Foreign investment has surged from just $4.7 billion in 2009, according to Real Capital. Foreign buying this year as a percentage of total investment in U.S. real estate is about double the 8.1 percent average in the 10 years through 2012.
Despite a perception that FIRPTA was a response to the wave of Japanese buying of trophy U.S. property in the late 1980s and early 1990s, including Rockefeller Center and Pebble Beach, the act was actually passed in 1980 in response to international investors buying U.S. farmland. Under old rules, foreign majority sellers had to pay 10 percent of gross proceeds from the sale of U.S. real estate as well as additional federal, state and local levies that could increase the total tax burden to as much as 60 percent, according to the National Association of Real Estate Investment Trusts.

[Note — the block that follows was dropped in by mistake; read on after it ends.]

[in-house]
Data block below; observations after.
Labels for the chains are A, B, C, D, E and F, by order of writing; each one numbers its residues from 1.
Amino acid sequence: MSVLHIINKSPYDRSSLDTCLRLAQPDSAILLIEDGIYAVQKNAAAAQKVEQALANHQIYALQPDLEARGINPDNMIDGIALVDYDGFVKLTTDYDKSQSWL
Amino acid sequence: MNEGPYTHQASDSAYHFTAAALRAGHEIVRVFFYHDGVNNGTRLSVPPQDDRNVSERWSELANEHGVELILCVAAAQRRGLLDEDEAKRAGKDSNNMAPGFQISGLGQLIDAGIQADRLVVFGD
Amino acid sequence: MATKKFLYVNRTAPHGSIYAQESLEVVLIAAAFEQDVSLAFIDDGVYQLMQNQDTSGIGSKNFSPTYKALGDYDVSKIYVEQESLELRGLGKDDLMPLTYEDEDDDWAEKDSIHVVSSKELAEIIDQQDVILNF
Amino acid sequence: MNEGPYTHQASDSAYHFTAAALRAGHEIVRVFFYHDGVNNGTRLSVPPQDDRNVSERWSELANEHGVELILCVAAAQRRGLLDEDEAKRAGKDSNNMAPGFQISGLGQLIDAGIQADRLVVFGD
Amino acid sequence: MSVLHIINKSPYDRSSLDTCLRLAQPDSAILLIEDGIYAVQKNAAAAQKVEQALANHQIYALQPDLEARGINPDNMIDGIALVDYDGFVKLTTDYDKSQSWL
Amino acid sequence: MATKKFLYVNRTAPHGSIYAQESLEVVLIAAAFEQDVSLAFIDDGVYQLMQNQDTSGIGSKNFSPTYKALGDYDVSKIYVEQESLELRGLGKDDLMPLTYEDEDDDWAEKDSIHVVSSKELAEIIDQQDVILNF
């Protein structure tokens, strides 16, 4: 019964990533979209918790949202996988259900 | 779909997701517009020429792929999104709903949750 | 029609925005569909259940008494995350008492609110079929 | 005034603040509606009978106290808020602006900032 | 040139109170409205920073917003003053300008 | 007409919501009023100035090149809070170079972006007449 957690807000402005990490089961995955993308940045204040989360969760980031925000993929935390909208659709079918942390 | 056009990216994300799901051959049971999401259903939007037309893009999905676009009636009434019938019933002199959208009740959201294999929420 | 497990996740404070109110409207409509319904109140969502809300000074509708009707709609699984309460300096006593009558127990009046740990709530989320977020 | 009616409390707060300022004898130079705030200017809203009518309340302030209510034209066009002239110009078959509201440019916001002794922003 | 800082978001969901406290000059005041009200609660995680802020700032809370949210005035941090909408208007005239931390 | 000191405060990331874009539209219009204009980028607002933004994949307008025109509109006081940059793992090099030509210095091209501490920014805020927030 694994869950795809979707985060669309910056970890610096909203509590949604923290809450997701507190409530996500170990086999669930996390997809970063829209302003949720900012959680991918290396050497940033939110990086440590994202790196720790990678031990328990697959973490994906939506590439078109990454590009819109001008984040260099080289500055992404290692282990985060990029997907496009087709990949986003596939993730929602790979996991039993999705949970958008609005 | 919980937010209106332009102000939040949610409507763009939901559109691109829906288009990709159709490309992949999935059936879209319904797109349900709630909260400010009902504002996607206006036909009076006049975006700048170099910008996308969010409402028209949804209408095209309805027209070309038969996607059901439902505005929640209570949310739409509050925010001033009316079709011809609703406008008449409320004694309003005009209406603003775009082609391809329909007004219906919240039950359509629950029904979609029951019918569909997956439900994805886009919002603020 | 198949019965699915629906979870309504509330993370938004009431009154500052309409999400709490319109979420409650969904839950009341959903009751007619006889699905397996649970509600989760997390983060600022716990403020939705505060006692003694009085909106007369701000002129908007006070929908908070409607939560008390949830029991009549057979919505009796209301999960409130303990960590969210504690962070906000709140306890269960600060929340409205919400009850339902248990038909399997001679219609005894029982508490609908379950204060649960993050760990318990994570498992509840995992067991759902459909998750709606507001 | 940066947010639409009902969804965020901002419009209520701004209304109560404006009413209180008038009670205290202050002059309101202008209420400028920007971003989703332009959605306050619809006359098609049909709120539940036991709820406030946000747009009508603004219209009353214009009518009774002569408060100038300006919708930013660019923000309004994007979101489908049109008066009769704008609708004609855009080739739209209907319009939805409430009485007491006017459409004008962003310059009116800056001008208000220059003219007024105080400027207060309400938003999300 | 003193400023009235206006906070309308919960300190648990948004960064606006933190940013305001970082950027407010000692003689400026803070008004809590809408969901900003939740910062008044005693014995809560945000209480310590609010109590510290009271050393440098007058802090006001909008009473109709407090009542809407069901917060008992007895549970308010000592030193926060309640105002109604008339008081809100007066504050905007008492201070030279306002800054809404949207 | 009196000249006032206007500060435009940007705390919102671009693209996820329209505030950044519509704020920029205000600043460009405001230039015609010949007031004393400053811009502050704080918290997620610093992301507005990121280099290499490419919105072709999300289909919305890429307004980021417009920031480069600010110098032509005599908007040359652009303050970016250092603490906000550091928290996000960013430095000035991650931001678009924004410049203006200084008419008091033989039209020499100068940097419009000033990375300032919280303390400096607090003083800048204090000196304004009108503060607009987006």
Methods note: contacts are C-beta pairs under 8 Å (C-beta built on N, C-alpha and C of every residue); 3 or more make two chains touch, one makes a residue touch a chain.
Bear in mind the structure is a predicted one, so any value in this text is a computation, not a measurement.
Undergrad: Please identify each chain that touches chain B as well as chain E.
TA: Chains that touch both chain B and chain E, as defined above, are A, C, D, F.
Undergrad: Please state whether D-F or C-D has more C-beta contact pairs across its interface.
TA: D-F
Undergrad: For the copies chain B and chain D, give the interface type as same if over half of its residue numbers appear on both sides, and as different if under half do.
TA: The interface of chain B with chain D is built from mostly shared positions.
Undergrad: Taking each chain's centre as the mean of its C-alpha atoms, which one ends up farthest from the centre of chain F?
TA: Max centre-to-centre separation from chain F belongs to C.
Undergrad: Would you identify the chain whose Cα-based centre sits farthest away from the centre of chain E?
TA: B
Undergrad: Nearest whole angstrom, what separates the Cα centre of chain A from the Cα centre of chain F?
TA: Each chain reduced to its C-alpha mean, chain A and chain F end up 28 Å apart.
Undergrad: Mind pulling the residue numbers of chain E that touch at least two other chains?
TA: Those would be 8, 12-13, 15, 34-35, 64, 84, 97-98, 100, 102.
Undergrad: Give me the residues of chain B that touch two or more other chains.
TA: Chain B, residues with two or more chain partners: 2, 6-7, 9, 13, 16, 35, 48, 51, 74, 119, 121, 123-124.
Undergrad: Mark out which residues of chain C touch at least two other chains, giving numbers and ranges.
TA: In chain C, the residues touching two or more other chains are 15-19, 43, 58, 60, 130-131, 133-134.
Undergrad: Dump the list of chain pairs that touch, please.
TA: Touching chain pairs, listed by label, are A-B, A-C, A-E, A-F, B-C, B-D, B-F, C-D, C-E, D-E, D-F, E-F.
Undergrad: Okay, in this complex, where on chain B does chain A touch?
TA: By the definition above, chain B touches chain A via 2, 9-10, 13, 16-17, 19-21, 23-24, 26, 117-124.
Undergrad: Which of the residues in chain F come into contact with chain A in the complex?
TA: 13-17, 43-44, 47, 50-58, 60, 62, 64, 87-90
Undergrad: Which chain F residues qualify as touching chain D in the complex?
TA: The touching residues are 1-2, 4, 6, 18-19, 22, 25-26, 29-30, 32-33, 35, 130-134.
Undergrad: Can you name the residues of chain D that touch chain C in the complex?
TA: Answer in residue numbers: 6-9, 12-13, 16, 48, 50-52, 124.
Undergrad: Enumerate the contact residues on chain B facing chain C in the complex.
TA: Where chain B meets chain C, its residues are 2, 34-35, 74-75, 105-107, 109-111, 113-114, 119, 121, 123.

The change “is a huge deal,” said Jim Fetgatter, chief executive of the Association of Foreign Investors in Real Estate. “There’s no question” it will increase the amount of foreign investment in U.S. property, he said.